The rumor was that our racial problems were over when we finally elected a black president. “Post racial” was the term. But there was a backlash during the Obama presidency and a total collapse with the election of Donald Trump. Now the rate of hate crimes has exploded, frat boys are marching with tiki torches, Muslims are demonized, and the “other” could be anyone from a white liberal to a black professional.
“Colonizers” Come To Church
As amazing as Regional Conferences have been, they weren’t what Black Adventists requested in 1941. They requested full integration and participation- and they were denied. Why? Because there’s no racism like religious racism. Then and now. There were two organizations that gave Donald Trump 83% support in the 2016 election – The Ku Klux Klan and white evangelical Christians.
And frankly, if you look up the word “colonizers” in the dictionary, you might find a picture of the Adventist church. Why? Because you can’t fix a problem that you refuse to face.
Colonizers Offer Suggestions, Not Sacrifice
Some suggest closing Regional Conferences because they “duplicate structure.” Now, State Conferences and Regional Conferences are both legitimate church structures. Both welcome everyone. Both advance the mission of the church. But an argument can be made that Regional Conferences do it more efficiently.
9 Regional Conferences cover the same territory as 42 State Conferences. Historically, they have done more and grown faster for less. So, if duplication is the problem, then some State Conferences should be first in line to be closed. And if we’re talking mergers, why not merge the low performing State Conference into the local Regional Conference? But that’s rarely the discussion. Why? Because it’s easy to talk about sacrifice if you’re not making it.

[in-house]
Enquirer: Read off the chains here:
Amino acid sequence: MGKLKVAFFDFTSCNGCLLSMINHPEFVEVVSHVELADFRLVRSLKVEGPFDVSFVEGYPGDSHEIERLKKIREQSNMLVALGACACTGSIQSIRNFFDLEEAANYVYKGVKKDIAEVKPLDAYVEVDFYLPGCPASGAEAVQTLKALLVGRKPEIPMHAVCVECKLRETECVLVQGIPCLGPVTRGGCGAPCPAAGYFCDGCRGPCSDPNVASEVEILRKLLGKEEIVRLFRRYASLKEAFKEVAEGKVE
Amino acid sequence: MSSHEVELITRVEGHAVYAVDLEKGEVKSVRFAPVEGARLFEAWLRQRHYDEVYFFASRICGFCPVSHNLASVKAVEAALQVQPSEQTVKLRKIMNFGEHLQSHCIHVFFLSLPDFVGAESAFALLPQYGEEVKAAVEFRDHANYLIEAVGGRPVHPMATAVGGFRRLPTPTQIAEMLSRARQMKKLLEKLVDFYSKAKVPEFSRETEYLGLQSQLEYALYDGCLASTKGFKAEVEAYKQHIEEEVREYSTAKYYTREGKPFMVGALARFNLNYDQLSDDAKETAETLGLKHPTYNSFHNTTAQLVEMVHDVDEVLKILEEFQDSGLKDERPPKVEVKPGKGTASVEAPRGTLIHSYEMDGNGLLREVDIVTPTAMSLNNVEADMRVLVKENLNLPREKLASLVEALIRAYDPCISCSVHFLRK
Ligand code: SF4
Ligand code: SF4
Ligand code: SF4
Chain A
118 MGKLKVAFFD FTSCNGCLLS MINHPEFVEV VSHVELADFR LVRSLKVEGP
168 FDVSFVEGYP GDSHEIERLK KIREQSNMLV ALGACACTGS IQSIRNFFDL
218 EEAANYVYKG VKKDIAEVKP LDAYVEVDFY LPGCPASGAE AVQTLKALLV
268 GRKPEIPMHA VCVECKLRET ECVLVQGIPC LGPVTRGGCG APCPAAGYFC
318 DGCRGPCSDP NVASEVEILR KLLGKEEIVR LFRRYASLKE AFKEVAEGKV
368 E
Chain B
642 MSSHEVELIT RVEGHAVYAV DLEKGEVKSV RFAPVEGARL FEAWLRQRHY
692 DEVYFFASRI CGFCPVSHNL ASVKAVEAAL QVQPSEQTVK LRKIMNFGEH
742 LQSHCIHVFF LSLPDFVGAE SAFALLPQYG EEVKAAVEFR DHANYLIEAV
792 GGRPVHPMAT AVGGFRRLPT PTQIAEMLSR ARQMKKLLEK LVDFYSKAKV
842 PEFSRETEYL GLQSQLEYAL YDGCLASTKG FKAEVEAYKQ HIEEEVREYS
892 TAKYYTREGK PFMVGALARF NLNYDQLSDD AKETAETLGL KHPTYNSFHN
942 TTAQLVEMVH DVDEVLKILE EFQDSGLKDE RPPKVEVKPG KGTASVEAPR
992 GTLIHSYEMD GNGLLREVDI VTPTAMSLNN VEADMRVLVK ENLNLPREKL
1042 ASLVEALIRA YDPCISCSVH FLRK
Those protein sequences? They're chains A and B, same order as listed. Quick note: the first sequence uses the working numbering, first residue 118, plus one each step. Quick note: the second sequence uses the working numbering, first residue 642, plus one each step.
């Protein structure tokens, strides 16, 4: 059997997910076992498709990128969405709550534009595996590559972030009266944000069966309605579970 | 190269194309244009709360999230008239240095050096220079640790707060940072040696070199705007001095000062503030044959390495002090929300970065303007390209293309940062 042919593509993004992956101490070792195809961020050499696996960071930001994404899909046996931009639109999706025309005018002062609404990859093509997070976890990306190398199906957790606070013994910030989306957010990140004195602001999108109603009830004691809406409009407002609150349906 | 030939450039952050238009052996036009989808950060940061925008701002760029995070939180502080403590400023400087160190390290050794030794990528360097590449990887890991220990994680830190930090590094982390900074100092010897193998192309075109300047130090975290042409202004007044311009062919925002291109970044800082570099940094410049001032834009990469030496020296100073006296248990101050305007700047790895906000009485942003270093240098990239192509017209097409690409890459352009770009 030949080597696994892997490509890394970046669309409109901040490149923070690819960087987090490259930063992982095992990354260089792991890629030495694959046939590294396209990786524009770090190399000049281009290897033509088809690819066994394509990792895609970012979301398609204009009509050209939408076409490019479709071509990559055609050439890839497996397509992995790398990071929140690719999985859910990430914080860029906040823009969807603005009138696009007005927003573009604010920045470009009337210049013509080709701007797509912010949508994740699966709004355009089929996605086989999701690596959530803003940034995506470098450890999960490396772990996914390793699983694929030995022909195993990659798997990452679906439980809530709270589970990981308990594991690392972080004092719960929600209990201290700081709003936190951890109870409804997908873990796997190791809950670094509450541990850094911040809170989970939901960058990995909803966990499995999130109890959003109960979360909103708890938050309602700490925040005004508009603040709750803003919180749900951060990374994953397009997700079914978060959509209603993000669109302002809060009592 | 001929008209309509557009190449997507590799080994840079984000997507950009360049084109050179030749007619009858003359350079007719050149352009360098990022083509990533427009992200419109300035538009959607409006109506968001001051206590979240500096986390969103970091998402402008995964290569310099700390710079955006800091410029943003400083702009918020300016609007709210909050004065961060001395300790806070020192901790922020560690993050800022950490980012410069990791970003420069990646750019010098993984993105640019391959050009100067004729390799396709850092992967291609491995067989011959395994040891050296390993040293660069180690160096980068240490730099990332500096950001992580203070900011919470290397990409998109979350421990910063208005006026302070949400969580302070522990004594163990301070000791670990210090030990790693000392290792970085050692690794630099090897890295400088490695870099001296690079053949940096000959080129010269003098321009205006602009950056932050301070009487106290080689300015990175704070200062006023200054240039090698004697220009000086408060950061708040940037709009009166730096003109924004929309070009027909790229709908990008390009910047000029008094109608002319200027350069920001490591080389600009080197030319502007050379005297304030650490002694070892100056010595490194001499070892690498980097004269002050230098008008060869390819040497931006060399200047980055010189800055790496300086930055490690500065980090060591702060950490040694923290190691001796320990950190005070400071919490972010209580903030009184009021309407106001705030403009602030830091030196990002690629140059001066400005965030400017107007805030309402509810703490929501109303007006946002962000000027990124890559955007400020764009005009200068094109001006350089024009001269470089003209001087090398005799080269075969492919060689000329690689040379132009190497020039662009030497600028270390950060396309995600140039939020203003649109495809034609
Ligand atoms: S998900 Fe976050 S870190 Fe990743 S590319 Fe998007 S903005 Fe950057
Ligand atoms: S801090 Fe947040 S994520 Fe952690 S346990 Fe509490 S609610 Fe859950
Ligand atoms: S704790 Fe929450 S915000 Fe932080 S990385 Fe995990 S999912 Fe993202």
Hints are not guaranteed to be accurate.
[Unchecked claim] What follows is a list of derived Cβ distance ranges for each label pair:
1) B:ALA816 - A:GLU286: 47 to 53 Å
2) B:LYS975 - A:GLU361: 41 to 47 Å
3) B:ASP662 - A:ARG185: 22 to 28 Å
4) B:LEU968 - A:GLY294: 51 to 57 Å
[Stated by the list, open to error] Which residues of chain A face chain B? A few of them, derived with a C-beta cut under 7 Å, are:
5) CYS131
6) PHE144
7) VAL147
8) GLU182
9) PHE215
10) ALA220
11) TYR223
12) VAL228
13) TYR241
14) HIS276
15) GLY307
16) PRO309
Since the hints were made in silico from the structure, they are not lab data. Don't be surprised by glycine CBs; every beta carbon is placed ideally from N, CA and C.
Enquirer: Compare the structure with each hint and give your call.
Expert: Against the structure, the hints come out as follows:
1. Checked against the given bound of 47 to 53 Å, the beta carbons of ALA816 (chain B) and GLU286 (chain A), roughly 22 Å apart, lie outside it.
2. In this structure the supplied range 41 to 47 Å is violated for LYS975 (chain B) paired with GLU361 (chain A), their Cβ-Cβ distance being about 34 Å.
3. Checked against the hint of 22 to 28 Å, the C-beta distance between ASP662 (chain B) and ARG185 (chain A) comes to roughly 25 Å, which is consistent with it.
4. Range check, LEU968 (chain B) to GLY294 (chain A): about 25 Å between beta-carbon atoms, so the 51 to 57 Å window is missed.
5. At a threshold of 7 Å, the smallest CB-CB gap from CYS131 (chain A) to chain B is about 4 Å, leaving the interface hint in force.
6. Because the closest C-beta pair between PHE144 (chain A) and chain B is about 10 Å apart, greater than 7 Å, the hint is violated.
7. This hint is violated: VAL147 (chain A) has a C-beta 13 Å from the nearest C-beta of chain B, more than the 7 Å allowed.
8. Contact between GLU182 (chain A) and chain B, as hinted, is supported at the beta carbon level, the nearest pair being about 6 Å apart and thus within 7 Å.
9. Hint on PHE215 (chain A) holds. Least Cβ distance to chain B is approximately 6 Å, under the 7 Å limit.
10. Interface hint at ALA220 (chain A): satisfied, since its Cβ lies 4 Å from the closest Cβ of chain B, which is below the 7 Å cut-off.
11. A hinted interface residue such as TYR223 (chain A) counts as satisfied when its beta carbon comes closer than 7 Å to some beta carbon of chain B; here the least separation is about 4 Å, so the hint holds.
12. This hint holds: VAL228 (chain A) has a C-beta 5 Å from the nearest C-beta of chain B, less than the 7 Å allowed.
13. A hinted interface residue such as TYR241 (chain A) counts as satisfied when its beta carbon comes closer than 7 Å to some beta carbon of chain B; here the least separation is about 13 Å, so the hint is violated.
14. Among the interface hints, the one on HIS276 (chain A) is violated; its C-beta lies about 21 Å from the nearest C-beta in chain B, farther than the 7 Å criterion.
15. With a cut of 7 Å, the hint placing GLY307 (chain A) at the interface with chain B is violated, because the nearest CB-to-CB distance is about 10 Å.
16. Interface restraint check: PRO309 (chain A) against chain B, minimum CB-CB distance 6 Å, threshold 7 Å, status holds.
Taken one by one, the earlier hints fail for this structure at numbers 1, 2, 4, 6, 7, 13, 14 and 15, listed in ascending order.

“Colonizers” Come In All Colors
“Colonizers” do more than capture territory, they capture minds. I support the freedom of choice. Attend the church that allows you to serve most effectively. I pastored for years in Regional and State conferences. My churches were predominantly black in both settings. That’s my call. That’s my passion. I have no desire to pastor a Korean church or a Spanish church or an Anglo church, although I support those who do.
But I was always amazed by black people who would argue the value of multi-culturalism and the evil of black conferences- while continuing to attend black churches! It’s hypocrisy 101.
No one can advance the agenda of the colonizer like the brother that’s been colonized.
It’s All About Mission
I am a pragmatist by nature and a missiologist by trade. My mantra is, “form follows function.” I am for the structure that most effectively advances the mission of the church. The mission of the church is to make disciples-fully developed, fully devoted followers of Christ.
That is why I challenge both Regional conferences and State conferences. I support churches that are missional, and I support closing or merging churches that have demonstrated- over time- that they are not. Same for conferences. There is nothing- absolutely nothing- sacred about structure. They all need change!
But that’s me. What do you think?